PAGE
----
Tourists visiting Long Island often refer to it as a playground. With the region’s proximity to New York City attractions, deep local history, and beach allure, residents sometimes don’t realize what a great place it is to frolic.
There is one resident who really knows what a ball life can be here, with abundant diverse food, wide open spaces to play in, and plenty of places to swim in. He keeps to himself for the most part and frankly left us for a period of time not so long ago, but he is back and enjoying life on Long Island more than most. I am talking about the river otter.
Otters were a fixture on our LI landscape when our European forefathers landed many centuries ago, but the two didn’t get along very well. The luxurious pelts of this semi-aquatic mammal were a valuable “resource” to the early settlers. Trappers quickly decimated the numbers here and the otters that survived retreated north to get away from the trapper’s jaws and our growing communities.
Since the 1800s they haven’t been connected to Long Island, but in the last few decades they have slowly returned. They are rarely seen however, spending the vast majority of their time in the water. When spotted from afar, they can be mistaken for many other more common fauna like muskrats. But they are here, and their jovial nature makes them one of the most animated characters around.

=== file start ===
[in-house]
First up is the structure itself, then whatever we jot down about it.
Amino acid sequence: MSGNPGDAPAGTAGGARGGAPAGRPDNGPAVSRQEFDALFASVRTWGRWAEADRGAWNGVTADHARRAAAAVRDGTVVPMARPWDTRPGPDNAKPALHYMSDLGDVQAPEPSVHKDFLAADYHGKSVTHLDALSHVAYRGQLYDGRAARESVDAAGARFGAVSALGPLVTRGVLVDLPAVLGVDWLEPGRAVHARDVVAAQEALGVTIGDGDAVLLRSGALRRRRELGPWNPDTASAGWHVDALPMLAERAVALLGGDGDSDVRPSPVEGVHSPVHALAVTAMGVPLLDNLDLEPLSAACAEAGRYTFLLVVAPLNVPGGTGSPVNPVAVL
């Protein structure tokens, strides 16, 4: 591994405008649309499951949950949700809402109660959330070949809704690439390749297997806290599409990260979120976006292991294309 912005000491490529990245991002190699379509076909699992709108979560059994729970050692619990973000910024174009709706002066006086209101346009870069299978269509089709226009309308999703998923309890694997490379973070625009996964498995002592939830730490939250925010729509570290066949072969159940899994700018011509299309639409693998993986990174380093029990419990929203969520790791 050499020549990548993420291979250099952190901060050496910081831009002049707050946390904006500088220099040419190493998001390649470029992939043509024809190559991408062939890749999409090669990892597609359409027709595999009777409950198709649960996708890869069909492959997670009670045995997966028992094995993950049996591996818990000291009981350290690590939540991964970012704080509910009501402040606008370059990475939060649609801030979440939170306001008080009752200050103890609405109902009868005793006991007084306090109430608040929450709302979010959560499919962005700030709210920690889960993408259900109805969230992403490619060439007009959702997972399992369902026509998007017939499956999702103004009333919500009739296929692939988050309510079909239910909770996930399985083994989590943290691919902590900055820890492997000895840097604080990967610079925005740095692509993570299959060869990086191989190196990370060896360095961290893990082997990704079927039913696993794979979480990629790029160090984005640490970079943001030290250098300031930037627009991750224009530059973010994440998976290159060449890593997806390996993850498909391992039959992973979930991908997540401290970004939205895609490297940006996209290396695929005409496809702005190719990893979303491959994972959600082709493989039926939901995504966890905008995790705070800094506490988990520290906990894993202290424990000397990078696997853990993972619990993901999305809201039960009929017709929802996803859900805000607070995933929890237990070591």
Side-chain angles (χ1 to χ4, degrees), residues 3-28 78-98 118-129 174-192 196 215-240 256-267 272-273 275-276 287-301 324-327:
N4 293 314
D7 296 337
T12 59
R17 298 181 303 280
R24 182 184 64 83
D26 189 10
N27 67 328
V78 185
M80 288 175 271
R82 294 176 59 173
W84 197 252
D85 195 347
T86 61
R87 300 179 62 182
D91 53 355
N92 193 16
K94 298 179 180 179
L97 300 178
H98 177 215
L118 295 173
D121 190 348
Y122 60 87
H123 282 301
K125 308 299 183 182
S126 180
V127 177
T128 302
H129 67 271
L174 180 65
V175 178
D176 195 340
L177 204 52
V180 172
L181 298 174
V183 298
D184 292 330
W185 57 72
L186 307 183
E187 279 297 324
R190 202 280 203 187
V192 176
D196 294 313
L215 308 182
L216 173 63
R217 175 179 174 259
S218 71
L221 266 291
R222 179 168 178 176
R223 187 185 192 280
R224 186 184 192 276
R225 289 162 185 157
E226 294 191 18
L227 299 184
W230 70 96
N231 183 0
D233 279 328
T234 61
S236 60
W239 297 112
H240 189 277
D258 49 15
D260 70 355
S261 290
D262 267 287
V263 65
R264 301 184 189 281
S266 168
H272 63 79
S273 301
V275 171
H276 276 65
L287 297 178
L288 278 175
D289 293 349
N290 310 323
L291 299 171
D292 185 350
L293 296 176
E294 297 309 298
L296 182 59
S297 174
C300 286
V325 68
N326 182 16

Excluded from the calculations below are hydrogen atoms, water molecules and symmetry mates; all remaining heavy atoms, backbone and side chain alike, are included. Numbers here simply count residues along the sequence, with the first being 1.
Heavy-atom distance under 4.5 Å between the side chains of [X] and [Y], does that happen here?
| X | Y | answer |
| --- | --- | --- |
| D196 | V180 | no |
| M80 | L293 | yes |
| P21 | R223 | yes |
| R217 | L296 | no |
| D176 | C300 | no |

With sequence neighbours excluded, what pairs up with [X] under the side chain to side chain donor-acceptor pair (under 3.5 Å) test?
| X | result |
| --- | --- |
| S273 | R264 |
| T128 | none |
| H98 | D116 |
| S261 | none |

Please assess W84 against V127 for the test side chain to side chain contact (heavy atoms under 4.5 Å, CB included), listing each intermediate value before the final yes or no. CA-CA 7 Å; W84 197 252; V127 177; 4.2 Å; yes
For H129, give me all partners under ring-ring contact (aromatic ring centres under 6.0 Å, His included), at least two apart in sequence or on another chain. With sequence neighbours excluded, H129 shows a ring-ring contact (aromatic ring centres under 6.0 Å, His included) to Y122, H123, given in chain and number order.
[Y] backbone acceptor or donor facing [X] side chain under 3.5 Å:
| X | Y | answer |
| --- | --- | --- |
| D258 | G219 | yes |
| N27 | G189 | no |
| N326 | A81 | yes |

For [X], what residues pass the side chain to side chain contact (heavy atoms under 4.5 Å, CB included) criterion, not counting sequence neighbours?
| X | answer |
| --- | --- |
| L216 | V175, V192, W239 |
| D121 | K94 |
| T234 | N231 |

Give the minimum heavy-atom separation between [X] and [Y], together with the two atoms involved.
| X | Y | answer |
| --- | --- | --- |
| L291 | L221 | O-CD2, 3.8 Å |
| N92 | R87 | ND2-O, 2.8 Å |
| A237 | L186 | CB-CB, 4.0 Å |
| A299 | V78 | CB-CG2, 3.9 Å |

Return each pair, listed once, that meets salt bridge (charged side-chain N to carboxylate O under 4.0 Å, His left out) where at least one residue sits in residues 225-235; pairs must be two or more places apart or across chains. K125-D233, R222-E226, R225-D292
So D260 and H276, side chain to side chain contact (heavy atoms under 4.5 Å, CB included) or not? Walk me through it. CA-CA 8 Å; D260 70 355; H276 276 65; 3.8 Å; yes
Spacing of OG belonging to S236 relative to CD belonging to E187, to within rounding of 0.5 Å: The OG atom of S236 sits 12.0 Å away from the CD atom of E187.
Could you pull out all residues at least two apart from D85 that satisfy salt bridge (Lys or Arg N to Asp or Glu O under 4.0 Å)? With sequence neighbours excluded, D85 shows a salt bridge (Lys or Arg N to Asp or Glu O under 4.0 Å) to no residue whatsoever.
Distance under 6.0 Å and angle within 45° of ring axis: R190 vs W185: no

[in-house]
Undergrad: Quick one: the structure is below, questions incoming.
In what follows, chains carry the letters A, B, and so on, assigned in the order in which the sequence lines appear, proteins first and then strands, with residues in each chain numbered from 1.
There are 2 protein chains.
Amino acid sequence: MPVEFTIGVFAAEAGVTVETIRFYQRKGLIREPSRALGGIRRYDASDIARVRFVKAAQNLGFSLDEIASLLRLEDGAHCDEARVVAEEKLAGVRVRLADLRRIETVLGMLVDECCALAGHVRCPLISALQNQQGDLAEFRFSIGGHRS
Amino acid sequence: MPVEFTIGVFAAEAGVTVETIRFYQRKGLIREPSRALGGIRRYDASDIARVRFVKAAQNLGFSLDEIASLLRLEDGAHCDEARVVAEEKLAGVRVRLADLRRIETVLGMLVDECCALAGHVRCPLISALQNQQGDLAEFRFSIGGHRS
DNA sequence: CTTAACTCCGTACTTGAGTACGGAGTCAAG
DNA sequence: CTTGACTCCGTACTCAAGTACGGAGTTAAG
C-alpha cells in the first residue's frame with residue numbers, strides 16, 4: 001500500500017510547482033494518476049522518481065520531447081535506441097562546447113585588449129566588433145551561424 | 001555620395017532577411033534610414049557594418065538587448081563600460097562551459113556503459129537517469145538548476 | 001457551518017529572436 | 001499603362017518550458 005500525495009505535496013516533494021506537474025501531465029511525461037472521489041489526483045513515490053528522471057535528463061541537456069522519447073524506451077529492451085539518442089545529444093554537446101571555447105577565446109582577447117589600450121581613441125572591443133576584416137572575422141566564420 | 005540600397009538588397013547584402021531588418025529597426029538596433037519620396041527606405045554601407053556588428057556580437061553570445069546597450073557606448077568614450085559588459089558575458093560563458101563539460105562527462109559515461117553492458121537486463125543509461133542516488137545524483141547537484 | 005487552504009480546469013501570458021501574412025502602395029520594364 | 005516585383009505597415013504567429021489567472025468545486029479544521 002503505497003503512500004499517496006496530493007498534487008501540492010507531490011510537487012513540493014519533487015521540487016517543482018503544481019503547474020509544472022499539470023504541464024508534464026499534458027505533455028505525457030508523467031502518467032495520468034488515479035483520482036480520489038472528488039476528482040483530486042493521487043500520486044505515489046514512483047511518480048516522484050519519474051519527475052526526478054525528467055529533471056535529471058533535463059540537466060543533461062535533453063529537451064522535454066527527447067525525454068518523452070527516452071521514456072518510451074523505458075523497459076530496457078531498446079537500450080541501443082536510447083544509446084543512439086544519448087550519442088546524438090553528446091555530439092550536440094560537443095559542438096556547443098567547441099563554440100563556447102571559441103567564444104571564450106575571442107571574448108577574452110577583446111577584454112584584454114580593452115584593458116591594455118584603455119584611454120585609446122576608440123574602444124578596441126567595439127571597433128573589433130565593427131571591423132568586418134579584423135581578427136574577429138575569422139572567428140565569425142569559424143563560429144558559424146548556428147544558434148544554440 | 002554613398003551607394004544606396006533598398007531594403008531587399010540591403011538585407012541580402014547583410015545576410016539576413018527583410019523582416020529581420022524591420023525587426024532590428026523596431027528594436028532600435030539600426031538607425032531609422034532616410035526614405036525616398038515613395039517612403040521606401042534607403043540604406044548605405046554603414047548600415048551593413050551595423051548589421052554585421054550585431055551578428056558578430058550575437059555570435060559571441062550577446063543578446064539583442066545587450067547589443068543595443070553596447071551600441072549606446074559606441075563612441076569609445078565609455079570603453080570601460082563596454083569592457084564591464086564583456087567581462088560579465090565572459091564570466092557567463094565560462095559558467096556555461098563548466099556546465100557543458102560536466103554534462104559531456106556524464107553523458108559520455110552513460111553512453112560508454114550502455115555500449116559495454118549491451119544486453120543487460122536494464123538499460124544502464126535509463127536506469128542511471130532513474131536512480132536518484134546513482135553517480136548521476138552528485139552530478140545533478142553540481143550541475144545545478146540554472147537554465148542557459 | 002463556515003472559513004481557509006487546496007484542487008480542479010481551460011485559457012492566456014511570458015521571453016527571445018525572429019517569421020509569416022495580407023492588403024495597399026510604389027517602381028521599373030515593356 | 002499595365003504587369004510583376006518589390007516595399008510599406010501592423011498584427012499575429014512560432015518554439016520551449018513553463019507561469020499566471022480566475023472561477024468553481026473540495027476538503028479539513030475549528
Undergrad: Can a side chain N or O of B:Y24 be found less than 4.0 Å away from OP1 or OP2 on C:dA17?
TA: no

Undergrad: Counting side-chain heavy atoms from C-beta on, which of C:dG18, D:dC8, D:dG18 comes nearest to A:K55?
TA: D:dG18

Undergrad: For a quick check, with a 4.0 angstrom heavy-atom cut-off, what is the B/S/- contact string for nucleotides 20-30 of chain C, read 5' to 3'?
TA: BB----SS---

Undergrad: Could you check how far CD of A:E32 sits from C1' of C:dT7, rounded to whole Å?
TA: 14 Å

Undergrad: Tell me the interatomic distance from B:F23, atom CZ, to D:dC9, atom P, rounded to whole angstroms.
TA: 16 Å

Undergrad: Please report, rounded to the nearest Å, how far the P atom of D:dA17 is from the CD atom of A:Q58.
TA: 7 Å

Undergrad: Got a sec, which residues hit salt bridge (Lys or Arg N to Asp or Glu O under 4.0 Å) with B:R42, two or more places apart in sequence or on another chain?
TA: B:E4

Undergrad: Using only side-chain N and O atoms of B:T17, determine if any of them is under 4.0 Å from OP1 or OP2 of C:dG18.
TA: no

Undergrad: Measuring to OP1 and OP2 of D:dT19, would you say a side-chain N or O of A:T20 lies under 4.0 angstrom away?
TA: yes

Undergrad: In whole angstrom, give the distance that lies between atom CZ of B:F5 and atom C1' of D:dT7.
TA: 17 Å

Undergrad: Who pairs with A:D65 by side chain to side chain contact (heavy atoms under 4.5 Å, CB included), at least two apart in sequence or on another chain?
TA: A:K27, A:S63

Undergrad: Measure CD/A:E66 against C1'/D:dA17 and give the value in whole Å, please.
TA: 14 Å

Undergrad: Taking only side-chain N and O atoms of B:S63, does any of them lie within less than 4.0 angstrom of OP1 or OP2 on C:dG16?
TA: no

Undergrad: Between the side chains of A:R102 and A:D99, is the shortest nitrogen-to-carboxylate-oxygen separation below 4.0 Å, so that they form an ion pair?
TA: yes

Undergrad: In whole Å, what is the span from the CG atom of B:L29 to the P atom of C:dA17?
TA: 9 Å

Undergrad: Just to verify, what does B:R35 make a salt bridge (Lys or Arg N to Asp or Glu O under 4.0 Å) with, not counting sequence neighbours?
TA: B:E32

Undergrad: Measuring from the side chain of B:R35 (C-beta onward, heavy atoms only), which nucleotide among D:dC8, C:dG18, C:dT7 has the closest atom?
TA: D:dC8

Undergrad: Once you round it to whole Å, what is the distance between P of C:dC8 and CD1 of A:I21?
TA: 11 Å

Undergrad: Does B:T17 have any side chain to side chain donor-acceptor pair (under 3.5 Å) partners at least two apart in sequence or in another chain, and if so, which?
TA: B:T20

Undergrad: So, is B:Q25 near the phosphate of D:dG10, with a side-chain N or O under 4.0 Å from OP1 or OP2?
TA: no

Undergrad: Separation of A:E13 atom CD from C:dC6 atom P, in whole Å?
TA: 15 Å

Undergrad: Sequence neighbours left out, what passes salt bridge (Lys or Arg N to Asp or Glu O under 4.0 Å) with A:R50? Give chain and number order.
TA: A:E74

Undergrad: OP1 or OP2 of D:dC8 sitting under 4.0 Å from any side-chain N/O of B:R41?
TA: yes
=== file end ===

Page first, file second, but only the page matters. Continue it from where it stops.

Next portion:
Confined primarily to the North Shore and the East End, otters need only to be left alone to flourish. Although babies may have multiple predators, otters’ worst enemies are automobiles as these animals are roamers, often moving nocturnally, and they become victims. Their secretive nature is evident as road kills are often the unfortunate way to estimate their numbers.
Although I was born in Manhattan, I grew up on Long Island, living in several different places over my years. I have seen otters in many places in America, including the Amazon, but never here in my own backyard. It warms my heart to think that young ones, fiercely guarded by their family, are actively playing somewhere Out East, playfully loving life as they all do.
If you want to see one, please don’t go stomping around the ponds Out East: Leave them be! But do take a page out of their book. Go enjoy the day with your family and find your playful side at the Bronx Zoo or Atlantis Marine World to see for yourself. Otters have their priorities straight and life figured out!
Jungle Bob’s Reptile World is located at 984 Middle Country Rd. in Selden. They can be reached at junglebobsreptileworld.com 631-737-6474.